PDA

View Full Version : home cook workhorse Wa-gyuto <$400



David88
12-02-2012, 08:34 PM
Hello there,

My name is Dave from Sydney.

I am in the market for a wa-gyuto to arrive by christmas. I have only recently begun researching japanese knives and could use some guidance. I apologise for all the length of this enquiry, I will try to give you as much information as I can.


The maximum i wish to spend is $400 but if there was an option slightly higher i may be able to stretch it.

I am only a home cook however I want a nice piece to replace my current chef knife and to keep for a long time. I think 240mm would be perfect length for me. I am concerned about chipping and damage and I like some weight to a knife so I would not like to go down the laser path. I really want a tough all rounder that can take the abuse that may be inflicted by an untrained cook.


I am relatively inexperienced with waterstone sharpening but I intend on picking it up before the knife arrives. I have a 1000 and 6000 stone and intend on purchasing a ceramic rod. I will also have the knife occasionally touched up professionally. I want the knife to be sharp out of the box and ready to use without any additional work.


Aesthetically I do not like damascus patterns unless it is very mild. I would like some flash to the knife though and I particularly like one with a visible Harmon wave. I also like the look of polished blades but am happy with plain finish. I am not a fan of the black finish. I do not mind a knife that will patina but I do not intend on wiping the knife constantly so perhaps a semi stainless or stainless clad is a good option? As I said before a Wa handle is preferred and I am right handed. I would also like a saya with this knife.



With all the above points I am thinking that a knife with Aogami super steel (so i do not need to sharpen as often) core and a stainless or semi stainless cladding would be ideal for me. Are there any drawbacks with a san-mai style knife? I have read people saying that they feel bad to use however I am only a home cook so will I notice the difference?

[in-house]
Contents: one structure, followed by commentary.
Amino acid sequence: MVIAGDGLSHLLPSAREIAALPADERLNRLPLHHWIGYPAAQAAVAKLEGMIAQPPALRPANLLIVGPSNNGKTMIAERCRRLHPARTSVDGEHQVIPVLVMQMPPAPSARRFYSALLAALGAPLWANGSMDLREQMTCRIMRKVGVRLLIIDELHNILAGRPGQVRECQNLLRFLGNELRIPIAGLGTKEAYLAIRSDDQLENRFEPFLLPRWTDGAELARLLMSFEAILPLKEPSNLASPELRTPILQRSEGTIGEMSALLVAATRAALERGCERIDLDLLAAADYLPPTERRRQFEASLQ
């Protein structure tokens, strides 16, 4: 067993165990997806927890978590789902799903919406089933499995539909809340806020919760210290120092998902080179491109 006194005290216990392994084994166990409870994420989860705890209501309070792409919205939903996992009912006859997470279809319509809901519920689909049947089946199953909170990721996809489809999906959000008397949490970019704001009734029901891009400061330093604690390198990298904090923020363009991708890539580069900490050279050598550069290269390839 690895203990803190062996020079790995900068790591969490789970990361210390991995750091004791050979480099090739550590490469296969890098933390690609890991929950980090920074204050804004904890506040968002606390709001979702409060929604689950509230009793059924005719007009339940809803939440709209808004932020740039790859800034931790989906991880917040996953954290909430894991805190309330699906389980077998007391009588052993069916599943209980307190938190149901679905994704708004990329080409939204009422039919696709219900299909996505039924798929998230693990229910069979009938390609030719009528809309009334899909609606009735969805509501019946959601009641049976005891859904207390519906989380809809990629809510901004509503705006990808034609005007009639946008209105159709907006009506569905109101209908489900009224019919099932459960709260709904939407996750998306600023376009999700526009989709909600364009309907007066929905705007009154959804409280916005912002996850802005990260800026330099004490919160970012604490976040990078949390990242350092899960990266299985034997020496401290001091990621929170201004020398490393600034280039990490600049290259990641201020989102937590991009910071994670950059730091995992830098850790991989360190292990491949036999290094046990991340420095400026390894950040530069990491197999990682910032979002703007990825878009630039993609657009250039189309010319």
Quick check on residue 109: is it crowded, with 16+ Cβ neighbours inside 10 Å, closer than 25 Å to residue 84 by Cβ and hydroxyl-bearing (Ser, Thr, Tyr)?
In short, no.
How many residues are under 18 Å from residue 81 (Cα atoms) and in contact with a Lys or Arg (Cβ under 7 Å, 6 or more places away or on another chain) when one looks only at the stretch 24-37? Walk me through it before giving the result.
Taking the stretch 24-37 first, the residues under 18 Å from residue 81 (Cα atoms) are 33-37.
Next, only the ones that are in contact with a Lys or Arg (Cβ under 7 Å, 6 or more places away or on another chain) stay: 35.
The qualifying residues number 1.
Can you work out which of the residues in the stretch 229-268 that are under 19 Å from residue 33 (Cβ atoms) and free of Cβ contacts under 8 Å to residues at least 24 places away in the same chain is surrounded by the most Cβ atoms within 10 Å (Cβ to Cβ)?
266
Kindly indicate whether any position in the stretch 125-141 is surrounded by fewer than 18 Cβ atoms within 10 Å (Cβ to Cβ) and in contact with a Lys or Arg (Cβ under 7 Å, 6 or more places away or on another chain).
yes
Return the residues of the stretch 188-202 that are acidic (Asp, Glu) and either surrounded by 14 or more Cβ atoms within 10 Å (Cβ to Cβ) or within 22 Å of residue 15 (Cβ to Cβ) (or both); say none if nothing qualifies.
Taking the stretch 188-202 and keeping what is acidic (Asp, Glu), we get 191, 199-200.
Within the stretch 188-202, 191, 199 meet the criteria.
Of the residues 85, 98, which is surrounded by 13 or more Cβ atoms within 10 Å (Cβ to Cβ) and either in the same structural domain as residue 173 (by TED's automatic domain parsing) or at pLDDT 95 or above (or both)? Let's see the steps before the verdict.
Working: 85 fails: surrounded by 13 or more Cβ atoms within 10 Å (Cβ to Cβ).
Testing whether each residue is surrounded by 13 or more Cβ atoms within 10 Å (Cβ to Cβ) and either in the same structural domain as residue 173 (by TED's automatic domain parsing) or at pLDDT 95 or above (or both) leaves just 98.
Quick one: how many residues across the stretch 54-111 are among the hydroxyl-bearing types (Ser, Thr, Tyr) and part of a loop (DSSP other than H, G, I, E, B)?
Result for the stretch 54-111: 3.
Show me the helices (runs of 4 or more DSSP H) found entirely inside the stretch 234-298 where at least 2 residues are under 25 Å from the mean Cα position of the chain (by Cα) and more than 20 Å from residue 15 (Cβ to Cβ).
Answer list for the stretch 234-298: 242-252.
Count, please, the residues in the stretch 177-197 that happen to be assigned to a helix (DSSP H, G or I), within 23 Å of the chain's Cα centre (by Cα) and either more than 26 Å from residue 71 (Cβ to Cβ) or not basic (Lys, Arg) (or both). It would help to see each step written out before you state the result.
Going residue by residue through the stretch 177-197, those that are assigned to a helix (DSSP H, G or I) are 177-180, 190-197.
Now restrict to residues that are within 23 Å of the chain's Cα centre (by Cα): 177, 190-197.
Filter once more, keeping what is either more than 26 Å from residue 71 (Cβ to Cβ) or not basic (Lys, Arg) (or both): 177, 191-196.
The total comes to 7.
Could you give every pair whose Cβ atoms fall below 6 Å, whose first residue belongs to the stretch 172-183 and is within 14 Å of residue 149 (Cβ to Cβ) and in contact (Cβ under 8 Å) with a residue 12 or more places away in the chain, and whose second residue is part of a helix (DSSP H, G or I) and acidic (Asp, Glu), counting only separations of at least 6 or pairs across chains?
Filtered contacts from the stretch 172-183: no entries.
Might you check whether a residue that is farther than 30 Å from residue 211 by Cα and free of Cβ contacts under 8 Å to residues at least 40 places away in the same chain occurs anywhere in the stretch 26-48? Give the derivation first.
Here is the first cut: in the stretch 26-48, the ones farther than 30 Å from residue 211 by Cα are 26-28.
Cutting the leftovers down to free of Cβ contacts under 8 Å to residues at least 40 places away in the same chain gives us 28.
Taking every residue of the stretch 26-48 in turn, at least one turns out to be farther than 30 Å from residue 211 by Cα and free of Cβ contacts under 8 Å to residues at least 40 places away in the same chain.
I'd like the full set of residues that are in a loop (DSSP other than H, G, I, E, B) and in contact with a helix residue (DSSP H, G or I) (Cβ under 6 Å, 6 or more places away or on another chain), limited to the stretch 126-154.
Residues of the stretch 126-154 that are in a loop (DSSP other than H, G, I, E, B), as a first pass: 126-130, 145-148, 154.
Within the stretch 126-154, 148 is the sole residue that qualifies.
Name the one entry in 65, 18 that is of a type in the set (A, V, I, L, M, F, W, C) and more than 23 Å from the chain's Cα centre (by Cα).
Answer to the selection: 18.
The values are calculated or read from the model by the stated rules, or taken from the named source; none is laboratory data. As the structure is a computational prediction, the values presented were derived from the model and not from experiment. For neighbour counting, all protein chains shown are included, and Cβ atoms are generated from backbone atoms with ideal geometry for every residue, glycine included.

Of course the knowledgable members of this forum will know better what types of steel will suite my requirements.



I was hoping that someone would be able to give me a list of suggestions that would be suitable for me. I have emailed some online stores and awaiting reply.

Thank you for your help, I look forward to contributing to this forum in due course.

Kind regards

Dave

Von blewitt
12-02-2012, 08:56 PM
G'day Dave, good to have more Aussies here.
You will get lots of opinions here and have lots to choose from, most of which will suit your needs, so it will just be a matter of choosing the one you like.
My recommendation will be http://www.japanesenaturalstones.com/URLrewrite.asp?404;http://www.japanesenaturalstones.com:80/Zensho-Yoshikane-SKD-Kasumi-Gyuto-240-mm-p/613.htm
Yoshikane SKD gyuto from Maksim at Japanese natural stones. I have bought plenty of stuff from him and it always arrives within a week. You can chat with him through his website ( he is usually online after 5pm our time) and he is very helpful. Only thing I see against it for you is, I'm not sure it comes with a saya

Good luck with the search

mc2442
12-02-2012, 09:19 PM
Welcome!

As a home cook, I would not be overly concerned with the edge retention as long as you have a decent cutting surface. Just an amateur's observation, but mine last a very long time.

pitonboy
12-02-2012, 09:34 PM
The trusty Hiromoto AS with stainless cladding, aogami super hagane, prominent hamon line and less than $200--what more could you want? Pretty much every one of the regulars here has or has had one of these; cuts well but can be improved with thinning, western or wa handled. Great value and you can buy another knife with your savings.

K-Fed
12-02-2012, 09:38 PM
One of my favorites for pure no frills work horse performance is the kikuichi tkc. Though there are many options within your budget. Sakai yusuke, gesshin ginga, suisin western, konosuke hd or hh, gesshin kagero, are all great knives and worth a look.

bikehunter
12-02-2012, 10:22 PM
Welcome!

EdipisReks
12-02-2012, 10:37 PM
buy cheaper knives and practice sharpening. once you are good at sharpening, then buy a $400 knife.

WiscoNole
12-02-2012, 10:38 PM